High fives to Morgan Freeman for transforming his ranch into a 124-acre honeybee sanctuary.

Morgan Freeman has donated his land to honeybees to help stave off a looming disaster.

America's favorite narrator is hoping to tell a new story for the world's waning honeybee population by giving them his 124 acres of land to live on. The 81-year-old actor took up beekeeping as a hobby in 2014 and converted his Mississippi ranch into a bee sanctuary. He brought in 26 bee hives from Arkansas and planted acre upon acre of bee-attracting vegetation including magnolia trees, lavender, and clover.

He fed the bees sugar water himself as they adjusted to their new home, and has said that he's never been stung despite not wearing a protective suit or hat. Freeman doesn't harvest the bees' honey or disrupt their hives; his goal is to help repopulate the dying honeybee population.


Freeman says his motivation for building a bee sanctuary is to help rebuild "the foundation of the growth of the planet."

In a 2016 interview on Larry King Live, Freeman explained why he decided to transform his ranch into a home for honeybees.

"There has been a frightening loss in bee colonies, particularly in this country," he told King. "To such an extent that scientists are now saying 'This is dangerous.'"

In 2014, shortly after he moved the hives to his ranch, Freeman chatted about his beekeeping hobby with Jimmy Fallon, "There is a concerted effort for bringing bees back onto the planet," he said. "We do not realize that they are the foundation, I think, of the growth of the planet, the vegetation..."

Humans rely on honeybees and other insects to pollinate our crops. If pollinators die off, our food supply will suffer. The chain reaction of losing the bee population could be devastating for life as we know it.

Why are the bees dying? There are multiple answers, and many point to human disruption.

Last year, according a survey conducted by Auburn University and University of Maryland, U.S. beekeepers said that 40 percent of their honeybee colonies had died off in the previous year—a 33% increase from the year prior. The reasons for the die off are multifaceted.

Colony Collapse Disorder has been affecting certain bee species for the past decade or so. Scientists have come up with multiple possible causes, including environmental stressors, insecticides, lack of genetic diversity in colonies, and mites that infest colonies.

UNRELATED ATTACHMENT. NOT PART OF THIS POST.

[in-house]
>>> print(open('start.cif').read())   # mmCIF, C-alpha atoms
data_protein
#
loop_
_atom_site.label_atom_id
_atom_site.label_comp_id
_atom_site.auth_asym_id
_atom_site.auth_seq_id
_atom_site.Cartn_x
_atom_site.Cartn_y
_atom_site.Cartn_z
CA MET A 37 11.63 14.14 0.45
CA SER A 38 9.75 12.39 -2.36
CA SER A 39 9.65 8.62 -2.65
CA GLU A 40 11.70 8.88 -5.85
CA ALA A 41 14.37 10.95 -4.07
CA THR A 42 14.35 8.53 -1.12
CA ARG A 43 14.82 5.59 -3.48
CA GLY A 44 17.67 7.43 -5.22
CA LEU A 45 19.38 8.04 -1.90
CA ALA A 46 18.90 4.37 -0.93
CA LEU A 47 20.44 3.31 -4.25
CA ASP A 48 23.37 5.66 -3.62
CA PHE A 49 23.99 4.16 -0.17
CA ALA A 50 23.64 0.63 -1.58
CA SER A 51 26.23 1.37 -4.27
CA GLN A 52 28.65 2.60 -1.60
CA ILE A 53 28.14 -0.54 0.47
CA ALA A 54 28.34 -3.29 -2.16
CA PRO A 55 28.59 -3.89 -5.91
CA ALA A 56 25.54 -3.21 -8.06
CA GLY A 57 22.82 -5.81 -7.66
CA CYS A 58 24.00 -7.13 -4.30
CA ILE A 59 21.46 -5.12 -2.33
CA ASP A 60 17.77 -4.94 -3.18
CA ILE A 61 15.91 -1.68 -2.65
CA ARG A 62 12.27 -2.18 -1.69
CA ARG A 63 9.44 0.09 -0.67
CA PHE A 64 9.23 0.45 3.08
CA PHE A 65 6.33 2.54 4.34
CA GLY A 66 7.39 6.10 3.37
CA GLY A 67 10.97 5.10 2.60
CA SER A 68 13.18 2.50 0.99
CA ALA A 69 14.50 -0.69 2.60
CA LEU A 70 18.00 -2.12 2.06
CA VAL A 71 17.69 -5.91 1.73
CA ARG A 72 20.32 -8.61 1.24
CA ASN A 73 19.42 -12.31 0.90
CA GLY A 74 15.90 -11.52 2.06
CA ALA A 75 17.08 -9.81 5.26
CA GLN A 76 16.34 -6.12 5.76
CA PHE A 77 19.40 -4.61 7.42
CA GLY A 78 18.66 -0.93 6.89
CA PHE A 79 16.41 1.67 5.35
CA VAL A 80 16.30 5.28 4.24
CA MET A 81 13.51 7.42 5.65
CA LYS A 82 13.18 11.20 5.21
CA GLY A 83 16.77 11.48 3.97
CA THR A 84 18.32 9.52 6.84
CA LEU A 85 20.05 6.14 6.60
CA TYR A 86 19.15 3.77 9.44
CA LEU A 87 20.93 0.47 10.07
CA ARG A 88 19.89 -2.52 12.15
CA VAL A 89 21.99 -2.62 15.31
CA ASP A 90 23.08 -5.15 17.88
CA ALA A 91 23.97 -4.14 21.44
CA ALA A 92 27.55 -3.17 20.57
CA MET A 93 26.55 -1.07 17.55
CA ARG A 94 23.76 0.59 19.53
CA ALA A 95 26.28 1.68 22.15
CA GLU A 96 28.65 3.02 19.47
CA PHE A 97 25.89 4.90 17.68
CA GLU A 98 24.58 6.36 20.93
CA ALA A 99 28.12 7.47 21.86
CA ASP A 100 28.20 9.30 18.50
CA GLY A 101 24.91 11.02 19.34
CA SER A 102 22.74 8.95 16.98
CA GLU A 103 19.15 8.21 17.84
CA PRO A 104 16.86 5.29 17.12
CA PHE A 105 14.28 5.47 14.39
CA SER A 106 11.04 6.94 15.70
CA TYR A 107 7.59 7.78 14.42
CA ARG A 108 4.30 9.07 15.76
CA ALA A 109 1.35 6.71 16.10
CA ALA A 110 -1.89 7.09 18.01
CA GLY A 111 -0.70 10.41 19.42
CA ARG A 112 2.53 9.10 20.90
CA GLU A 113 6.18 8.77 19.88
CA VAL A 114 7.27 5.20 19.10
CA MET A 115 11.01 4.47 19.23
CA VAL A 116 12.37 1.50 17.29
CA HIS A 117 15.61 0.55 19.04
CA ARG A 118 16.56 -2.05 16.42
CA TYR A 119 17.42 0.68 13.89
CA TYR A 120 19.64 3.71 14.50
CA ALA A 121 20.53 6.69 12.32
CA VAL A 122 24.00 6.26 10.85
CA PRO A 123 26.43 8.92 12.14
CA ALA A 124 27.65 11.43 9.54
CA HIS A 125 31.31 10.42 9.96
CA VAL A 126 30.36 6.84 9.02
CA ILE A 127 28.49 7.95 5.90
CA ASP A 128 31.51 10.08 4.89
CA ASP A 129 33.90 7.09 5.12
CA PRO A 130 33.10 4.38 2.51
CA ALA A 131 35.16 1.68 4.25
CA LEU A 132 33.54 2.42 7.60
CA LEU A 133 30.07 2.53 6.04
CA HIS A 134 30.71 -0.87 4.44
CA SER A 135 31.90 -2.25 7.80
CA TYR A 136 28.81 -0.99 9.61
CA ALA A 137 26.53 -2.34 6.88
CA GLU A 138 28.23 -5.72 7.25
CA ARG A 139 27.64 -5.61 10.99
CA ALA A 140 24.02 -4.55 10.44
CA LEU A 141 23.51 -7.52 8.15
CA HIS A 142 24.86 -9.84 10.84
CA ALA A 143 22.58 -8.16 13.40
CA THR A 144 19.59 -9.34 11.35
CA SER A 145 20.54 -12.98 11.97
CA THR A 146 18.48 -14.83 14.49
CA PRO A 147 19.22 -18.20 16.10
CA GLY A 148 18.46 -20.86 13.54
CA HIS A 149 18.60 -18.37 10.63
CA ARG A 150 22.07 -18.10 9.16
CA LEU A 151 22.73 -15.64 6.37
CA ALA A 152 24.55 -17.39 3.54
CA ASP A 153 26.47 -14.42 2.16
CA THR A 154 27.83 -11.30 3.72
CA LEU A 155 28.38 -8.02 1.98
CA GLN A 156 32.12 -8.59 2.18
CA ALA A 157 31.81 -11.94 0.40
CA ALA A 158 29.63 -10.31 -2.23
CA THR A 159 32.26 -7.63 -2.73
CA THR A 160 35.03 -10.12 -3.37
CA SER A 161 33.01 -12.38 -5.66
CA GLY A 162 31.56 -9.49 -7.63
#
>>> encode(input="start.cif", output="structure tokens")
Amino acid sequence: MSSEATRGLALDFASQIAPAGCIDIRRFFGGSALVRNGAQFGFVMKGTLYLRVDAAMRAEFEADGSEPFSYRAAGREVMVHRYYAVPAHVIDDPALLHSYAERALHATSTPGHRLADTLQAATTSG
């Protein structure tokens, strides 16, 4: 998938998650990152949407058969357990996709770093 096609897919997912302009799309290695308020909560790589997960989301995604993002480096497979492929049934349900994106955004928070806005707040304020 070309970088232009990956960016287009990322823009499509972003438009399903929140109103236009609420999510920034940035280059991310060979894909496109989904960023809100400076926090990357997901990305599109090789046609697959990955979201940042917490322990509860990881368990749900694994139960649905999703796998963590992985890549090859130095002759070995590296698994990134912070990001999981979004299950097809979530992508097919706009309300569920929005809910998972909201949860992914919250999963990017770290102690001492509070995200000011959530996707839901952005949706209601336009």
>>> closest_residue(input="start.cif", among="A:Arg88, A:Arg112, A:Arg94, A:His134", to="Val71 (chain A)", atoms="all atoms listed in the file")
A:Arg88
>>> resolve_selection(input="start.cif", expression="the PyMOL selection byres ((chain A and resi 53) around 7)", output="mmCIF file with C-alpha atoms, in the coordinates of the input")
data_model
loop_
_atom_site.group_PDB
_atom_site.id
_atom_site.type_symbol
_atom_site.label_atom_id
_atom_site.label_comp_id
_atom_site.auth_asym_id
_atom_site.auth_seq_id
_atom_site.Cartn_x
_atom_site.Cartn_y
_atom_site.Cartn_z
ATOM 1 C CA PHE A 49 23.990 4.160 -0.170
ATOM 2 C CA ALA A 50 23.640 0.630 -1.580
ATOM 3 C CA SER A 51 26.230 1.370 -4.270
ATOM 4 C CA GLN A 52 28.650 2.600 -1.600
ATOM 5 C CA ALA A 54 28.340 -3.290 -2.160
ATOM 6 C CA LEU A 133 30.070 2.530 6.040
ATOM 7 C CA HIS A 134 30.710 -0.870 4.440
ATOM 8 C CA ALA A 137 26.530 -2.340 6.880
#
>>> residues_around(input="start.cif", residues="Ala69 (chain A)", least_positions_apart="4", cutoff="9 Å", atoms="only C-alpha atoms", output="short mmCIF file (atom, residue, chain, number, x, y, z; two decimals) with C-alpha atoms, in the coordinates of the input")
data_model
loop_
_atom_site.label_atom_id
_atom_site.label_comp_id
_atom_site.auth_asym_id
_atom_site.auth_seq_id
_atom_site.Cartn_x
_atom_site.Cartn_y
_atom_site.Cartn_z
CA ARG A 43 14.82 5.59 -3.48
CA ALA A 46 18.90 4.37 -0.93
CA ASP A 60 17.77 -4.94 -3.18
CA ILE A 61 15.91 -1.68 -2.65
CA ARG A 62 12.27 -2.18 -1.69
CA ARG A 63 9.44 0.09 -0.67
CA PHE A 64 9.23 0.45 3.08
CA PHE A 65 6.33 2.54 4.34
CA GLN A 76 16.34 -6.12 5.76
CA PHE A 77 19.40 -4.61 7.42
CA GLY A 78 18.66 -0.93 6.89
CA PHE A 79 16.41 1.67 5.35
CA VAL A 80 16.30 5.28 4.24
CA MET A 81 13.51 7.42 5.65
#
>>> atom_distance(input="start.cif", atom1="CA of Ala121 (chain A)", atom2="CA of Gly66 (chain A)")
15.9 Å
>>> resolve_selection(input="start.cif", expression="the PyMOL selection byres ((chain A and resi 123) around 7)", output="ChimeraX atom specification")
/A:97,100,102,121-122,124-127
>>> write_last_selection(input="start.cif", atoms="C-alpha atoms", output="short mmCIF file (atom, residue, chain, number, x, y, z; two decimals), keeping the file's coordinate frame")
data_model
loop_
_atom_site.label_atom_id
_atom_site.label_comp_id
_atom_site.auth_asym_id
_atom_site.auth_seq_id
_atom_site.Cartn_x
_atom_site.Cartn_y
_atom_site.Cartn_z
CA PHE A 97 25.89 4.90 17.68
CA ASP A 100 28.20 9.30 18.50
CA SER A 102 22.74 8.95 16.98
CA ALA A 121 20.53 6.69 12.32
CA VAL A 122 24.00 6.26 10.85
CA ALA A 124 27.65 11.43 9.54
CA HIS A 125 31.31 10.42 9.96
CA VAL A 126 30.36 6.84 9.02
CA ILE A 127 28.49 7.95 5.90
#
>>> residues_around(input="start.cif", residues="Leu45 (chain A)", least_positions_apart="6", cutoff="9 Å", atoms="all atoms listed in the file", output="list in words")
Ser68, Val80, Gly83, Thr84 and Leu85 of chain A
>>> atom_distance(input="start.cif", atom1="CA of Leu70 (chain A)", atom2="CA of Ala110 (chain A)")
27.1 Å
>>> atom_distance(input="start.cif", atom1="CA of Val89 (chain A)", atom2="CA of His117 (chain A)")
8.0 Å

Bees may also be a victim of climate change, according to the researchers who conducted the survey. Geoffrey Williams, assistant professor at Auburn, told Bloomberg, "Changes in climate and weather affect food and forage for bees. It’s pretty obvious that if you have bees already on the edge and you have a radical, quick weather shift, they aren’t going to do as well."

Pesticides are also to blame. Neonicotinoid pesticides, which are commonly used in agricultural areas, kill bees and inhibit their ability to reproduce. Scientists say these pesticides kill bee populations slowly, and are particularly harmful to queen bees, which affects bee populations over time.

Kudos to Freeman for creating healthy home for honeybees. Environmental responsibility belongs to all of us, and each act to protect and preserve our planet makes a difference.

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If the past year has taught us nothing else, it's that sending love out into the world through selfless acts of kindness can have a positive ripple effect on people and communities. People all over the United States seemed to have gotten the message — 71% of those surveyed by the World Giving Index helped a stranger in need in 2020. A nonprofit survey found 90% helped others by running errands, calling, texting and sending care packages. Many people needed a boost last year in one way or another and obliging good neighbors heeded the call over and over again — and continue to make a positive impact through their actions in this new year.

Upworthy and P&G Good Everyday wanted to help keep kindness going strong, so they partnered up to create the Lead with Love Fund. The fund awards do-gooders in communities around the country with grants to help them continue on with their unique missions. Hundreds of nominations came pouring in and five winners were selected based on three criteria: the impact of action, uniqueness, and "Upworthy-ness" of their story.

Here's a look at the five winners:

Edith Ornelas, co-creator of Mariposas Collective in Memphis, Tenn.

Edith Ornelas has a deep-rooted connection to the asylum-seeking immigrant families she brings food and supplies to families in Memphis, Tenn. She was born in Jalisco, Mexico, and immigrated to the United States when she was 7 years old with her parents and sister. Edith grew up in Chicago, then moved to Memphis in 2016, where she quickly realized how few community programs existed for immigrants. Two years later, she helped create Mariposas Collective, which initially aimed to help families who had just been released from detention centers and were seeking asylum. The collective started out small but has since grown to approximately 400 volunteers.